by Paul Semendinger
(Continuing a series…)
He was Yankee for all of 60 games. And those were the last 60 games of his amazing career.
Some players finish with a whimper…not Campy Campaneris. He went out with a flourish. As a 41-year-old part-time player, Bert Campaneris batted .322 for the Yankees in his final season in the big leagues.
That season, 1983, Bert Campaneris’ batting average was never under .300, not even for a day. He began his season with a 4-for-5 game against the Twins on May 6. His batting average as he left the field that day was .800. After games of 0-for- 4, 2-for-4, and 0-for-3, his batting average for the season stood at .375. That day was May 15. His batting average from that point on never fell out of the .300 range. For that special season, playing only occasionally, Campaneris just hit and hit and hit…
For those 1983 Yankees, Campaneris played second base in 32 games and third base in 24 others. The interesting thing about him playing second base is that in his long career, he had rarely played second base. Campaneris had been a shortstop, and a very good one at that.
Before he played second base for the Yankees, Bert Campaneris had appeared as a second baseman exactly three other times in his entire career and only once for the team that he most famously played for.
Bert Campaneris arrived in the Major Leagues in 1964 playing for the Kansas City A’s. He traveled with the team to Oakland and remained with the franchise through the 1976 season. As a member of the A’s, Bert Campaneris played in 1,795 games batting .262/70/529 providing excellent defense and speed (he stole 566 bases for the A’s) playing an integral part on a team that was a constant winner. Bert Campaneris was a six-time All-Star, he led the American League in steals in six seasons, and was a member of three World Championship A’s teams.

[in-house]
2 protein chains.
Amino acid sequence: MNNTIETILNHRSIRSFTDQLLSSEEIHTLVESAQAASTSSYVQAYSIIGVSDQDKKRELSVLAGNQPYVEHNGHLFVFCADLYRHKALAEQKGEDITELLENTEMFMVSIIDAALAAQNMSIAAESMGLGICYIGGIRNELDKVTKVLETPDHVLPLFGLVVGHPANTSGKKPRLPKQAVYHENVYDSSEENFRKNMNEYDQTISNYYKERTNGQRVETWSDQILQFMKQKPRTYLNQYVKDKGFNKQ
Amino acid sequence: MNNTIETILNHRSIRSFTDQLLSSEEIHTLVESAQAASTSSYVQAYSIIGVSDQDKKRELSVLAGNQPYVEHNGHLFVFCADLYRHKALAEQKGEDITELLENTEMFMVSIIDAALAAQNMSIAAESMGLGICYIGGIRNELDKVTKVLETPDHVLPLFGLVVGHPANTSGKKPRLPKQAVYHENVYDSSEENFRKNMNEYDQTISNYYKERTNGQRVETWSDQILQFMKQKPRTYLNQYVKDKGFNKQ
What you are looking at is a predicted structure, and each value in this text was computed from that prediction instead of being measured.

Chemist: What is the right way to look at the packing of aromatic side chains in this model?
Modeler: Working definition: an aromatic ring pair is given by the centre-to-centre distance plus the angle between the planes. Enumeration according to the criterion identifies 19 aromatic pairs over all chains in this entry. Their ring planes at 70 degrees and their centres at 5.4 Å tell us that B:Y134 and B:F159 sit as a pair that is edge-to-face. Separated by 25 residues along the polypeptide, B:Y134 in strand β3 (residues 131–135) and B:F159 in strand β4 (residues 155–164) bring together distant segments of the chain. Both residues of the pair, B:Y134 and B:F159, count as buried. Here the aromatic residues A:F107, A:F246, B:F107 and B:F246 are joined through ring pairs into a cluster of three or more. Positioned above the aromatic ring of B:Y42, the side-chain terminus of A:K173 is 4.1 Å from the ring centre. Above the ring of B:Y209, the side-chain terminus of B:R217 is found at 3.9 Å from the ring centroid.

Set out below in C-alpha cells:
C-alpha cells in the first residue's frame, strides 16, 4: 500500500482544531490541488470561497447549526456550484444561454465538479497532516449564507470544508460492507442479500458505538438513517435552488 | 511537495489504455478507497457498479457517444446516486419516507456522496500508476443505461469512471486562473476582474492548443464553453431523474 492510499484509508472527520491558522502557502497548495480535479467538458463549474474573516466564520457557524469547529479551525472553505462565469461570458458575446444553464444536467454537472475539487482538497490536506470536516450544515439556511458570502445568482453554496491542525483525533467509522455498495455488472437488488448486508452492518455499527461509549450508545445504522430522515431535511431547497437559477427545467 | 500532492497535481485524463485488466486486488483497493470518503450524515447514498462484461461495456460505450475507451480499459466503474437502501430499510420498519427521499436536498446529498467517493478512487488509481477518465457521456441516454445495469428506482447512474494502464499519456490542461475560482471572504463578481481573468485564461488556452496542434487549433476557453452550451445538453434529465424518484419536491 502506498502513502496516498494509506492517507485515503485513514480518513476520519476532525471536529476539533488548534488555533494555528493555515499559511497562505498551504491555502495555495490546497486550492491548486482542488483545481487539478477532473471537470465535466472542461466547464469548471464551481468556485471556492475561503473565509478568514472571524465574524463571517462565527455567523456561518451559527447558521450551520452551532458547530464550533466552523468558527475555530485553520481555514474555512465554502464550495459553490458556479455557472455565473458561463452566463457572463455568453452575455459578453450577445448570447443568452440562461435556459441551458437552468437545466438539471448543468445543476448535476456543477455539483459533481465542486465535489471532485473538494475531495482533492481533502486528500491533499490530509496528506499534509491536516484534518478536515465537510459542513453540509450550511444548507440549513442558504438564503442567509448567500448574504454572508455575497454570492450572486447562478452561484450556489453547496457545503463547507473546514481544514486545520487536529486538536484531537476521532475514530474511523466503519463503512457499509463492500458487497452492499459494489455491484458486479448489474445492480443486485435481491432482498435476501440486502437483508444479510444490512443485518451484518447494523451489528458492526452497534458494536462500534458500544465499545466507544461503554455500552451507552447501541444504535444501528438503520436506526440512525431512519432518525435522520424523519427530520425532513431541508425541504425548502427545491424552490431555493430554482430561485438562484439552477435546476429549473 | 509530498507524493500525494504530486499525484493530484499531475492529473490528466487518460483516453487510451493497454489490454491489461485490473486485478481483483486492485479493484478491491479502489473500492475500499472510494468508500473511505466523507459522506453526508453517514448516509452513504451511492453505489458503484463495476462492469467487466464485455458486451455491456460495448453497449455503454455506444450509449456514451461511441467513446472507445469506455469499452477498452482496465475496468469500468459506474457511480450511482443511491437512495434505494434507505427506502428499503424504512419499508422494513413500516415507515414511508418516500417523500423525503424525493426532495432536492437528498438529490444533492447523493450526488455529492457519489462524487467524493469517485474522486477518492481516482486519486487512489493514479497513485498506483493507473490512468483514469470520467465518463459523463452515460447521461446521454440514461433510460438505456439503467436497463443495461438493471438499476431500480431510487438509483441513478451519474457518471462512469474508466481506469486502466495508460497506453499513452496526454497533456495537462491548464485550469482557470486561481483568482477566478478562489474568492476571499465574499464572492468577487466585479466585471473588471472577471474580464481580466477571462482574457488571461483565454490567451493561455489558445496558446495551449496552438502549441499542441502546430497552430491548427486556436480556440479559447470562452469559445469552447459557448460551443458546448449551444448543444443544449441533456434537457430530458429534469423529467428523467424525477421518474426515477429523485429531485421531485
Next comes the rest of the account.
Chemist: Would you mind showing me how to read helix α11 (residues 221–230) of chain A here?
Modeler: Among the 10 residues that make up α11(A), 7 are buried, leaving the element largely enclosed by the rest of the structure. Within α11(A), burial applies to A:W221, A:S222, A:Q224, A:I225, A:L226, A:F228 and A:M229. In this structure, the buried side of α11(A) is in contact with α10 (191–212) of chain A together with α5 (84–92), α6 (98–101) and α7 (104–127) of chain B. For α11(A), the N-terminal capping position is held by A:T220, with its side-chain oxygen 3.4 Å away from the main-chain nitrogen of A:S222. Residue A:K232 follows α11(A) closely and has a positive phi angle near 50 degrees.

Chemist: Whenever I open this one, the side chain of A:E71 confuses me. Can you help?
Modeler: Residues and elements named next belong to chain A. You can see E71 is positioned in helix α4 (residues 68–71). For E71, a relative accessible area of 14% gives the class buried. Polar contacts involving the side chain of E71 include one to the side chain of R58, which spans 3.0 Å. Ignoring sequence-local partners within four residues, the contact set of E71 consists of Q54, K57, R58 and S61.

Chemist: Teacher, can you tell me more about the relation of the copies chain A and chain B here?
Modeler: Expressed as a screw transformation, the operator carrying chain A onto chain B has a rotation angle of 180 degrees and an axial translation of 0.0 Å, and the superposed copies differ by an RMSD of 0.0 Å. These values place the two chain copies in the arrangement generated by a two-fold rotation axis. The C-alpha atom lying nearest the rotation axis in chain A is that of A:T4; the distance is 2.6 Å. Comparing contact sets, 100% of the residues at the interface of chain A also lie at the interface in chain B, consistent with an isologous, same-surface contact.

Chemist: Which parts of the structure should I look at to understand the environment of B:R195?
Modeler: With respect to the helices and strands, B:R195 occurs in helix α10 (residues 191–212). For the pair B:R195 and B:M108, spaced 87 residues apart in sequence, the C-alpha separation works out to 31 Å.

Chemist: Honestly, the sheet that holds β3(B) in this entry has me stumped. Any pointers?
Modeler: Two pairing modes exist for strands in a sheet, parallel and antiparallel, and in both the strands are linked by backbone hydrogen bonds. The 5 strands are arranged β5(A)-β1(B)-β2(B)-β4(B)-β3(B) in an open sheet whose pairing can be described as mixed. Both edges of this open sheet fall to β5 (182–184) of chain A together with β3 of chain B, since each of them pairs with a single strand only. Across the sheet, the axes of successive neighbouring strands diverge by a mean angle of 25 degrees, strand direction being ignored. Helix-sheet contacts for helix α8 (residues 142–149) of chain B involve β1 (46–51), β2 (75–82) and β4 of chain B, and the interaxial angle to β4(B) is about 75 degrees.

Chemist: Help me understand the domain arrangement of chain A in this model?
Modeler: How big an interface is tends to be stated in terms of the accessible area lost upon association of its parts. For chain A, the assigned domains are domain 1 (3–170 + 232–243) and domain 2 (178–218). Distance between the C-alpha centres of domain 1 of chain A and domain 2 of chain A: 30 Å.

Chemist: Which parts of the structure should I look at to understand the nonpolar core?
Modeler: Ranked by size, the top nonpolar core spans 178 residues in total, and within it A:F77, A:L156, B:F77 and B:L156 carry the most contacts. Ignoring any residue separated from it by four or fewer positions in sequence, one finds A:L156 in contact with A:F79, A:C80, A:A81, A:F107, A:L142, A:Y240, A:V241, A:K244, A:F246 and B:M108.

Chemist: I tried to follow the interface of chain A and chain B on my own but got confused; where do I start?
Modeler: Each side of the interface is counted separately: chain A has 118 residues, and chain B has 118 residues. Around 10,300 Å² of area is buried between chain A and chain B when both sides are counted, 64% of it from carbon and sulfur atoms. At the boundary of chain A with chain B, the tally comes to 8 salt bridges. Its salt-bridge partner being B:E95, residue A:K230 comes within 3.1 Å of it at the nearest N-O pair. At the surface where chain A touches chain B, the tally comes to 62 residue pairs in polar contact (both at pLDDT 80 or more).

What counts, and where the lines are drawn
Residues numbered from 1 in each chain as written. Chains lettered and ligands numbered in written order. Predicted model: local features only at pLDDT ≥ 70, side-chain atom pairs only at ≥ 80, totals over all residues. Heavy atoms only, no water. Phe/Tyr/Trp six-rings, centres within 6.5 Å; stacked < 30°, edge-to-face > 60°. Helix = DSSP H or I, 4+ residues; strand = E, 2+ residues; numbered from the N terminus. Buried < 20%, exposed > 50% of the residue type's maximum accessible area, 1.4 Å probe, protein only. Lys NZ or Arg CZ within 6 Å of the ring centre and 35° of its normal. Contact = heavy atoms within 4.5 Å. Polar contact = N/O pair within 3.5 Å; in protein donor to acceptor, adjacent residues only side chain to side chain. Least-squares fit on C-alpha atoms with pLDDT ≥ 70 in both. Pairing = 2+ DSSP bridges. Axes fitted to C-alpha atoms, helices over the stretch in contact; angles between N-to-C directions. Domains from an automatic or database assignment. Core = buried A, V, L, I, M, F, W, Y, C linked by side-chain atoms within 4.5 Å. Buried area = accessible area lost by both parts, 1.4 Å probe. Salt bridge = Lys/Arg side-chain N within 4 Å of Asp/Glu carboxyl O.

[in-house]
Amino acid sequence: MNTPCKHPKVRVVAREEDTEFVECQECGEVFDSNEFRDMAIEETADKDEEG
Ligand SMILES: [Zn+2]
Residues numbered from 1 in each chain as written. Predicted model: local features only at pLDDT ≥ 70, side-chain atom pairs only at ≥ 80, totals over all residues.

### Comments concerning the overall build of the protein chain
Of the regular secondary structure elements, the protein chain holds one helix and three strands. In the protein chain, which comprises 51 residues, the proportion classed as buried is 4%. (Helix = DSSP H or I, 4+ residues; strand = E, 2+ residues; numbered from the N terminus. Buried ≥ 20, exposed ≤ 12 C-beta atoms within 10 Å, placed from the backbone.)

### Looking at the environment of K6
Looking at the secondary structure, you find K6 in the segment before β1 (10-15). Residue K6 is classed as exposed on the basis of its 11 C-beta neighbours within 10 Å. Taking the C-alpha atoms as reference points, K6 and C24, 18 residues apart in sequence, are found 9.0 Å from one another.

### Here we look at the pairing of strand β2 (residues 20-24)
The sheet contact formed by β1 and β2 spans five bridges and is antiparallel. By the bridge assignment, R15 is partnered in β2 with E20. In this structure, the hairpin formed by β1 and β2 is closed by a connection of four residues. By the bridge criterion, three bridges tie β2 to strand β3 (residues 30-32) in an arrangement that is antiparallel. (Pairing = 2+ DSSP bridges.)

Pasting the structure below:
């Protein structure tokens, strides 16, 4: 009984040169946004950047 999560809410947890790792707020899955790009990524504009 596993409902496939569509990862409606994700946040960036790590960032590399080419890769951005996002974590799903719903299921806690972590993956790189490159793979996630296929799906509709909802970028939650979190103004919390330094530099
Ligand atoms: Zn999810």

The only time that Bert Campaneris played second base for the A’s, in all those years, was in a unique game on 1965 when he became the first player to ever play in all nine positions in the same game.
After starring for the A’s, Campaneris then played for the Texas Rangers (1977-79) and California Angels (1979-81). His big league career seemed to come to an end after the 1981 season. That season he hit .256/1/10 in 55 games. Campaneris’ one homer came in a game against the Baltimore Orioles on August 30, 1981. Tippy Martinez surrendered the long fly to Campaneris.
The Angels granted Campaneris his free agency after the 1981 season, but he couldn’t find a job in the big leagues so he went to the Mexican League to play. He spent that entire 1982 season in Mexico before he arrived back in the bigs for his swan song with the Yankees in 1983.
It was an injury to Willie Randolph that earned Campaneris his shot – one that he grabbed hold of and never let go throughout that entire season.
The last hit of Bert Campaneris’ career came in a game in Fenway Park against the Red Sox. John Tutor gave up the hit. It was 2,249th hit of his long career.